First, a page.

William Michaelian: Weíll start with a manifesto, then reduce it to a slogan ó or, better yet, our smoking public will latch onto a key phrase and decide the slogan for us. Our cigarettes will be the cigarettes of the people.
John Berbrich: Of course. The people will work in the fields; the people will work in the factories; the people will work in the tobacco shops; theyíll drive delivery trucks; & theyíll smoke like chimneys. For this idea, you get high Marx.
William Michaelian: A capital idea. Cigarettes in the cradle. Cigarettes in the treetops. Cigarettes on the swings and rollercoasters. Hog Butcher for the World / Tool Maker, Stacker of Wheat, / Player with Railroads and the Nationís Freight Handler, / Stormy, husky, brawling, / City of the Big Cigarettes.
John Berbrich: O, Burg of Sand. Of course, I donít even smoke. You?
William Michaelian: Constantly. Incessantly. With a vengeance. I fume night and day. But only mentally. My cigarettes are imaginary cigarettes. Thatís why Iím so excited about this new project.
John Berbrich: Well, that makes our task even easier. Imaginary cigarettes are simple to make. Arenít they?
William Michaelian: They are, but uniformity and packaging could be a problem. I hope so, anyway. I wonder ó do you think someone could be busted at work for smoking an imaginary cigarette at his desk or in the break room? Because the rituals, the inhaling, exhaling, and imaginary ash-flicking remain the same. I suppose to some it could seem quite threatening.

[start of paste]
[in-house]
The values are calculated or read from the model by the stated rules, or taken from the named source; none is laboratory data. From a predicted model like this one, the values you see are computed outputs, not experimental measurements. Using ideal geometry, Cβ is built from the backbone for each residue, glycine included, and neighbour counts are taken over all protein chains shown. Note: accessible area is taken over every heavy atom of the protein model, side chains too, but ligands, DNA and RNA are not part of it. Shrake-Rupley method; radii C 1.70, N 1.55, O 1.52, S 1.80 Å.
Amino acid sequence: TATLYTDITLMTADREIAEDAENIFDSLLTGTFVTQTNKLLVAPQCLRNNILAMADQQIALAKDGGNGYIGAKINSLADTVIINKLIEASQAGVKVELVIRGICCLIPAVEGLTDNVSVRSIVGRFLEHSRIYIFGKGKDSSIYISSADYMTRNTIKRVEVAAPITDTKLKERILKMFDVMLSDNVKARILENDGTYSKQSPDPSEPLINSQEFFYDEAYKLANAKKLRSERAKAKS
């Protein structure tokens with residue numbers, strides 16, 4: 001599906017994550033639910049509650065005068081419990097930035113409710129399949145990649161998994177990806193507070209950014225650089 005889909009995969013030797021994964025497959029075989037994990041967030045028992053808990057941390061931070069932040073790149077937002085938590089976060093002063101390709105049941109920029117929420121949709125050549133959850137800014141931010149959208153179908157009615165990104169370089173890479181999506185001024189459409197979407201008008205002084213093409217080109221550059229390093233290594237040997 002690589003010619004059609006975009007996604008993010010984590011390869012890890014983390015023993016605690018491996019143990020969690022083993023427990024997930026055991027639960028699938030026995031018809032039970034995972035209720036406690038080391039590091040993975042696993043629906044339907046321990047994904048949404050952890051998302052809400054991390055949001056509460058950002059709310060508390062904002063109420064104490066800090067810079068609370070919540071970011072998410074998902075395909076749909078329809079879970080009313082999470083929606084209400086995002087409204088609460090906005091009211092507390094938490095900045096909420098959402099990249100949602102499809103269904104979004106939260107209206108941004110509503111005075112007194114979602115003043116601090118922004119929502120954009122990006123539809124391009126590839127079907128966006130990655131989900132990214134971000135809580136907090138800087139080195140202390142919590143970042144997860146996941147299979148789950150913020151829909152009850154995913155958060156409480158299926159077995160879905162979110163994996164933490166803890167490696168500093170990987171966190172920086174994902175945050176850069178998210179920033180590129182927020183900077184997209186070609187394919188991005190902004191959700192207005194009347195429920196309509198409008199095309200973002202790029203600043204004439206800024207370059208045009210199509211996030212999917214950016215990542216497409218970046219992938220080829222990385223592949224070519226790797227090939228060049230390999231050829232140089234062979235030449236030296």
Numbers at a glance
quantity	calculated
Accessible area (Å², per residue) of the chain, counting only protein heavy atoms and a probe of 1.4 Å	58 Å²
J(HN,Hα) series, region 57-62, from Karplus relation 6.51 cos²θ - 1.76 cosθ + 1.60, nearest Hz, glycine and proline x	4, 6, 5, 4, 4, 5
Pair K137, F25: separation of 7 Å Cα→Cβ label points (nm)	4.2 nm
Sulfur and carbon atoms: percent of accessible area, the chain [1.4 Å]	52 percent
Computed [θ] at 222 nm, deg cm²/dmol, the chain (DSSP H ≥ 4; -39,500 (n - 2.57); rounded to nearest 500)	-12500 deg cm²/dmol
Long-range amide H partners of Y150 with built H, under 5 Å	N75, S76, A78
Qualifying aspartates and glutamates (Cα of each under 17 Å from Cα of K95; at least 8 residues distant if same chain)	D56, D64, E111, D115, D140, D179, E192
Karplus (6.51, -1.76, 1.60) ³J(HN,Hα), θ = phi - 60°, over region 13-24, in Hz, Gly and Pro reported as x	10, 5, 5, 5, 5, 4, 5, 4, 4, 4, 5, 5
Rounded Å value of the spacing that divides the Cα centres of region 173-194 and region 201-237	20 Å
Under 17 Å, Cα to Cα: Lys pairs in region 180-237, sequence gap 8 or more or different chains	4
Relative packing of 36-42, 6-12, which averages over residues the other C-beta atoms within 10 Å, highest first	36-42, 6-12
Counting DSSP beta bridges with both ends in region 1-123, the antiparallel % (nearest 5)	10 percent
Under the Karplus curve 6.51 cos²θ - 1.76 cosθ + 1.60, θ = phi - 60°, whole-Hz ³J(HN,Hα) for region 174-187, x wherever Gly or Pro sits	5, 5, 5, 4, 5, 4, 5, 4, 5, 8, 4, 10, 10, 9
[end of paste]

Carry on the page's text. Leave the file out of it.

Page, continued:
John Berbrich: Well, they need to get over it. I am so sick of listening to whining & other peopleís precious feelings. The way you describe it, smoking an imaginary cigarette sounds like an elaborate breathing exercise; & breathing, as we all know, is very important in maintaining health. I might try it today at work.
William Michaelian: I heartily recommend it. And thereís nothing quite like it when youíre in the middle of writing a poem and looking for that magical, elusive word. I use my thumbnail for a lighter. I flick it against the inner tip of my index finger and it lights right up. For matches, I generally use both hands. Iíve also lit up with the aid of candles and the burners on our gas stove.
John Berbrich: You mean your imaginary gas stove, for that imaginary magical, elusive word?
William Michaelian: Possibly. You mean I have to know what I mean? Iím not sure I can handle that sort of pressure.
John Berbrich: I mean, you can imagine you know what you mean. Know what I mean?
William Michaelian: Well, I can imagine I know what you mean ó without ever knowing, of course, if I truly know; that is, I can imagine I imagine I know.
John Berbrich: Well, I think thatís what we all do anyway. We imagine what we want to imagine, or what we think other people want us to imagine. So I imagine that you are doing the logical thing.
William Michaelian: In my case, you would have to. So ó do we do what we do, or do we only imagine we do it, while the action itself is what it is? Or does what we do depend on what we imagine we did? ó our interpretation of it, another words.